ΔCFI

Δchi

1. Configural model

699.908

448

1.163

0.032

0.971

   

2. Weak invariance across gender

714.370

468

1.171

0.031

0.972

M2-M1

0.001

16.690 (20)

3. Weak invariance across gender and time

799.309

483

1.175

0.035

0.964

M3-M2

0.008

78.982 (15)**

4. Partial weak invariance across gender and timea

725.455

479

1.173

0.031

0.972

M4-M2

0.000

11.471 (11)

5. Strong invariance across gender

757.982

499

1.166

0.031

0.970

M5-M4

0.002

32.903 (20)*

6. Partial strong invariance across genderb

752.311

498

1.167

0.031

0.971

M6-M4

0.001

26.570 (19)

7. Strong invariance across gender and time

1,079.069

516

1.162

0.045

0.936

M7-M6

0.035

367.240 (18)**

8. Partial strong invariance across gender and timec

806.534

499

1.168

0.034

0.965

M8-M6

0.006

38.466 (1)**

p < 0.05, ** p < 0.01

aInvariance was relaxed at item 4 at age 23, item 5 at age 13, and item 6 at age 15 and 23

bInvariance was relaxed across gender at item 2 at age 13

cInvariance was relaxed at item 2 at age 15 and 18, item 3 at age 13 and 23, item 4 at age 13 and 15, item 5 at age 13 and 15, and item 6 at age 15 and 18. In addition,at age 13, invariance at item 2, 3, 4, 5 and 6 was relaxed across gender, and at age 15, invariance at item 2 and 4 was relaxed across gender, and at age 23, item 3 invariance was relaxed across gender

The unstandardized factor loadings for the final model generally did not show any systematic patterns with regard to magnitude across gender and age, which means that the items loaded similarly on the latent variable when measured at different ages. However, item 5 has a somewhat high loading at age 13, and item 6 has a somewhat low loading at age 23 in comparison with other time points. These findings indicate that wanting to be someone else is more reflective of low global self-esteem at age 13, whereas feeling useless is less reflective of low global self-esteem at age 23.

Furthermore, inspection of intercept estimates indicated that the unstandardized intercepts increased over time for many of the items, especially from age 18 to age 23. This may indicate that the adolescents with the same level of latent factor global self-esteem tended to respond with higher scores when they were 23 than when they were 13 years old. One exception to this pattern was found—the intercepts of item 6 (“I certainly feel useless at times”) decreased somewhat at ages 15 and 18 before increasing at age 23. Thus, these analyses indicate that some of the included items functioned somewhat differently over time, which was taken into account in the growth curve analyses.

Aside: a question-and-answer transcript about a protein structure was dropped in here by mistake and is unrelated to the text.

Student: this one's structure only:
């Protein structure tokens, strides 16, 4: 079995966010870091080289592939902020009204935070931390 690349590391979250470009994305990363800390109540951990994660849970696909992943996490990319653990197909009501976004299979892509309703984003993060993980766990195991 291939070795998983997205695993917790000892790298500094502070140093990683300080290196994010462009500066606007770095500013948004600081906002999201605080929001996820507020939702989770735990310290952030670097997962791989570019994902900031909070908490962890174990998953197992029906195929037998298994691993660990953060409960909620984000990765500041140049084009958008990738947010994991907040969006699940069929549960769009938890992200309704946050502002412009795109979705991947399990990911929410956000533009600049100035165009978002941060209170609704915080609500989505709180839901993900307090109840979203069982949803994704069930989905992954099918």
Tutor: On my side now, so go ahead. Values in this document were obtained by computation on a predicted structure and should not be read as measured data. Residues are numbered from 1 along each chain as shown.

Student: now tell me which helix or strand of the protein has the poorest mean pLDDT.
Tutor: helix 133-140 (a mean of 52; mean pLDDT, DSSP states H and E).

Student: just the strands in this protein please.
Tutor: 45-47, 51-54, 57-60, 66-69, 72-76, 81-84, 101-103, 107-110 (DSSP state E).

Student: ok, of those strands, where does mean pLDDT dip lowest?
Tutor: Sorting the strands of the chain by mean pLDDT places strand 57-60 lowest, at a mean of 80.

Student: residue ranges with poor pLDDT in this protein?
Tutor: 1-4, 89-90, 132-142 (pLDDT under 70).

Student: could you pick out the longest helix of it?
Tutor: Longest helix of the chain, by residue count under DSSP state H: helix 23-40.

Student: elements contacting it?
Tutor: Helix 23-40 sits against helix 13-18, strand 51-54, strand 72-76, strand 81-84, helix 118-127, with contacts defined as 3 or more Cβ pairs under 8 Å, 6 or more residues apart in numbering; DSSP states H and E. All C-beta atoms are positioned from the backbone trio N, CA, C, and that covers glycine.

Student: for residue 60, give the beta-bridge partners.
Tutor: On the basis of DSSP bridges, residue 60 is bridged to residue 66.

Unconditional Latent Growth Model of Global Self-esteem

To establish the pattern of change in global self-esteem from ages 13 to 23, a linear unconditional growth curve for each gender was estimated, taking the partial measurement invariance into account. The resulting model provided a good fit to the data: χ2(506, N = 1,089) = 824.796, p < 0.05, MLR correction factor = 1.168, CFI = 0.964, RMSEA = 0.034. Adding a quadratic term added significantly to the model fit: χ2(504, N = 1,089) = 797.318, p < 0.05, MLR correction factor = 1.168, CFI = 0.967, RMSEA = 0.033, ΔCFI = 0.003, Δχ = 27.478 (2), p < 0.05. The model was trimmed by fixing the nonsignificant variance (random estimates) of quadratic slope to zero for both genders and fixing the nonsignificant quadratic slope among males to zero. This resulted in a good model fit: χ2(504, N = 1,089) = 798.144, p < 0.05, MLR correction factor = 1.168, CFI = 0.967, RMSEA = 0.033.